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Net Non Core Funding

October 14, 2010

By Larry W. Martin

Should you ever drop from Well Capitalized to Adequately Capitalized status, or enter into a formal agreement with your regulator that calls for higher minimum capital requirements (i.e., 9% Tier 1 and 12% RBC/RBA) that you do not currently satisfy, you will be restricted on the interest rates you can pay for any deposit product you offer and you will be prohibited from renewing, rolling over or obtaining any brokered deposit (brokered deposits and CDARS) without permission of the FDIC--which is very difficult to get.  Interest rates on your deposit products will be limited to 75 basis points above the "national cap rate."  http://www.fdic.gov/regulations/resources/rates/  See FDIC Rule 337.6 http://content.lawyerlinks.com/default.htm#http://content.lawyerlinks.com/library/banking/rules/fdic/337/12cfr337_6.htm for the specific elements of this brokered deposits and interest rate limitation.

 While this may not be a problem today given the low level of interest rates, in a rising rate environment it can become a significant liquidity challenge, particularly if the customers you have were attracted using a premium rate relative to the local market, incuding interest checking product, Under $100,000 CDs, and Internet CDs.  These "volatile deposits" will likely leave your bank if you can no longer pay a premium rate relative to other competitors in the market.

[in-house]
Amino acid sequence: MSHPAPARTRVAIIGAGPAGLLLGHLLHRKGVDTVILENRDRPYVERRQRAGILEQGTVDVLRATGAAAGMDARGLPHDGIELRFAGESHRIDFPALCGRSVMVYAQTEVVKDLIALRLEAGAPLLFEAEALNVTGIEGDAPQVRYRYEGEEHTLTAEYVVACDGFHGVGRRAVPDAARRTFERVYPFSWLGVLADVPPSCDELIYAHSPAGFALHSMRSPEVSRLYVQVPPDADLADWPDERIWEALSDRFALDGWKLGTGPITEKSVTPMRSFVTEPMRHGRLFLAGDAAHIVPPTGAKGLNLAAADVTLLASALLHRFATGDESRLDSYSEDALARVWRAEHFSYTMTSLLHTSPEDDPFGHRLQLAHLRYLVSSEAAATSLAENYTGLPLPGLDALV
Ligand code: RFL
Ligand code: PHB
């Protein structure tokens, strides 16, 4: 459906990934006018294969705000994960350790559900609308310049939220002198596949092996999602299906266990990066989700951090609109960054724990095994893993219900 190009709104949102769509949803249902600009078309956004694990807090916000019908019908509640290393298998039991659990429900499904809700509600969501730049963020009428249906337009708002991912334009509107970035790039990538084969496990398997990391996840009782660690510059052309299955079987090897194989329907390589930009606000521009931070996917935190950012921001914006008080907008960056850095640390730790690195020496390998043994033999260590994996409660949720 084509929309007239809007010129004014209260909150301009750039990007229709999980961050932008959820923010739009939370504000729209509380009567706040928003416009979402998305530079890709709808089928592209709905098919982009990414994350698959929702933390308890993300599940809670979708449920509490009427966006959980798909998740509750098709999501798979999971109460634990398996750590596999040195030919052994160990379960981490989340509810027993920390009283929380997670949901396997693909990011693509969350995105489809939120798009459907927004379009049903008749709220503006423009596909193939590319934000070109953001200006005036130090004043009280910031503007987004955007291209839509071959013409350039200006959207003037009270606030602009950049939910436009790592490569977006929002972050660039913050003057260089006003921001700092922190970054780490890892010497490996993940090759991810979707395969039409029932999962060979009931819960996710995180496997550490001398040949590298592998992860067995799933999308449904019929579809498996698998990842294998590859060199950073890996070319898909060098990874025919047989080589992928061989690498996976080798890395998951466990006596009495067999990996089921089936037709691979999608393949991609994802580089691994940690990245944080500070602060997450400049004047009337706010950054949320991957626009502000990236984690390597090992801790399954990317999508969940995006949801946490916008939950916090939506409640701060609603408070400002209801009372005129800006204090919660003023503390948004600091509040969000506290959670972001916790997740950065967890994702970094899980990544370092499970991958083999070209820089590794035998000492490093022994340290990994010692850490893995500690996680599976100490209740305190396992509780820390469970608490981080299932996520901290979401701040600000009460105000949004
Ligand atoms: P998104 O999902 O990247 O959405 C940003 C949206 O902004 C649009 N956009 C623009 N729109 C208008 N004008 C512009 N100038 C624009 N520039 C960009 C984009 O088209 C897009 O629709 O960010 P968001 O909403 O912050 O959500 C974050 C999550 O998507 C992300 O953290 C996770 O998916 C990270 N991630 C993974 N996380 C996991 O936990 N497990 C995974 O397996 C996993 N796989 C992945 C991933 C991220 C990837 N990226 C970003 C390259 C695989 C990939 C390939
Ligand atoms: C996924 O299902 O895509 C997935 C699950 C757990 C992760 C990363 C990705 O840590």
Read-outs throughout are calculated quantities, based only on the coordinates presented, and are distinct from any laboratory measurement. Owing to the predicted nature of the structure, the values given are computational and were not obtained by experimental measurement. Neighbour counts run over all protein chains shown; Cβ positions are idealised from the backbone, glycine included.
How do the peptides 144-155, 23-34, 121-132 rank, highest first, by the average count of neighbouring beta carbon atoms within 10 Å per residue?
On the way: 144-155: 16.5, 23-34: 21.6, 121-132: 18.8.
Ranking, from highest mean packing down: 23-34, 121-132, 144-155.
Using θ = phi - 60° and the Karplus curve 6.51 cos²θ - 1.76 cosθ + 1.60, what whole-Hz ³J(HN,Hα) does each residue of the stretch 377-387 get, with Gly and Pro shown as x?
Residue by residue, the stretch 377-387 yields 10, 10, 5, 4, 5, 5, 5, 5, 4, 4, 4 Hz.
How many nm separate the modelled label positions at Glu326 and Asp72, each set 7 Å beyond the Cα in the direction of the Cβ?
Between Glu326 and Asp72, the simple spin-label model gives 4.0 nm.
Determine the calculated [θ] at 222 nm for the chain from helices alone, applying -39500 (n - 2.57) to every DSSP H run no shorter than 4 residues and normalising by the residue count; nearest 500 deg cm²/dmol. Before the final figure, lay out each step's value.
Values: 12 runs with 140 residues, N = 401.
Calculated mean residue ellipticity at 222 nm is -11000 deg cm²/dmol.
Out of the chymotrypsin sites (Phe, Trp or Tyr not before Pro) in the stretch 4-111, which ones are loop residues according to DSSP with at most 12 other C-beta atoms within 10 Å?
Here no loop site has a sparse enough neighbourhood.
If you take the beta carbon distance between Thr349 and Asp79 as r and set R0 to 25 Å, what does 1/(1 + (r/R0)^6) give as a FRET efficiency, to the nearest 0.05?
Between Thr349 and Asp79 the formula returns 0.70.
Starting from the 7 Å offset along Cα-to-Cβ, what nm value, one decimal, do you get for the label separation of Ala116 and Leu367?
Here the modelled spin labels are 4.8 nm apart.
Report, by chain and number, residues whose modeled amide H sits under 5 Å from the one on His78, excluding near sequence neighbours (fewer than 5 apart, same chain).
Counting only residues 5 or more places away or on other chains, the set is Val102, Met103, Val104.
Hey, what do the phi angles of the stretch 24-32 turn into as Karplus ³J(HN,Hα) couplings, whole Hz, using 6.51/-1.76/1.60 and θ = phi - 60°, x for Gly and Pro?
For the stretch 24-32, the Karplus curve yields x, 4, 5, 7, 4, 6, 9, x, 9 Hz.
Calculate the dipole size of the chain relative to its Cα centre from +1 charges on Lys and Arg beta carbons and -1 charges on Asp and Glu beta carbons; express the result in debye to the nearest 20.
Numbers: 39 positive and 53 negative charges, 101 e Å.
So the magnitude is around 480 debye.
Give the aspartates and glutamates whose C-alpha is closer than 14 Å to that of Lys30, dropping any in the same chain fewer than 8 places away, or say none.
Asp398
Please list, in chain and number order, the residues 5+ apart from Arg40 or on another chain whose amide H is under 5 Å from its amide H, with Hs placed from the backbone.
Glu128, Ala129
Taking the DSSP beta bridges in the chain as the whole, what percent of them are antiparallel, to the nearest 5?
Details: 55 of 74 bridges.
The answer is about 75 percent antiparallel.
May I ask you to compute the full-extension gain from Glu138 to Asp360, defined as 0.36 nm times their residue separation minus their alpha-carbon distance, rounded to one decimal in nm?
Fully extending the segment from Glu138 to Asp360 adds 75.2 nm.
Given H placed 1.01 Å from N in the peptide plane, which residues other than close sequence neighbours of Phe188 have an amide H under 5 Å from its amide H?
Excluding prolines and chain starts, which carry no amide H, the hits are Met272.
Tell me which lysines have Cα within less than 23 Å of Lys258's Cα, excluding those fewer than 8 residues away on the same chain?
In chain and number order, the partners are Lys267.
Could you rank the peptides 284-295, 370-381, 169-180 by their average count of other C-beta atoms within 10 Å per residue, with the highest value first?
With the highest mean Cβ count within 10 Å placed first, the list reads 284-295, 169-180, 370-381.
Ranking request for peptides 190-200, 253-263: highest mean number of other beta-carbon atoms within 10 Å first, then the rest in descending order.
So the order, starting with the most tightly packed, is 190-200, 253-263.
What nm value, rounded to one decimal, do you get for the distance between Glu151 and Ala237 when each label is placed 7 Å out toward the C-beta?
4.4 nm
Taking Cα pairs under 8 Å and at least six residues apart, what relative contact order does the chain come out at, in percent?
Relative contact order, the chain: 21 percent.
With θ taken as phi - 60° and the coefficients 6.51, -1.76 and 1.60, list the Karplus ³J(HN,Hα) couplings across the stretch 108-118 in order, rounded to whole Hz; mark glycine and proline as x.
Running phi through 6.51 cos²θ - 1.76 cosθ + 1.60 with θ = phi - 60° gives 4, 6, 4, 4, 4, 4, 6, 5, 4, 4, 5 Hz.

Even if this will never apply to you, here is what you should do:

Liquidity is a growing concern with all regulatory agencies, see FIL-13-2010.  But concerning volatile deposits and non-core funding, you need to do the following:

1.  Know where you stand relative to your UBPR peer group in Net Non Core Funding Dependence.  If you are below or equal to them, great.  The higher you are above them the more the regulators will have you on their radar screen.

2.  You should have a written contingency funding plan, particularly if you exceed you peer average.  What is your plan for remaining liquid should non-core funding sources evaporate or be restricted? 

3.  Does your liquidity policy or ALCO policy specify funding limits percentage on non core funding sources and volatile deposits of overall funding?

 We at Bank Strategies LLC hope you are doing well and this non core funding issue is not a concern.  But it is important to know the concern of regulators on this and the other considerations outlined in the FIL-13-2010 noted above.  We have assisted a number of our clients with Contingency Funding Plans.

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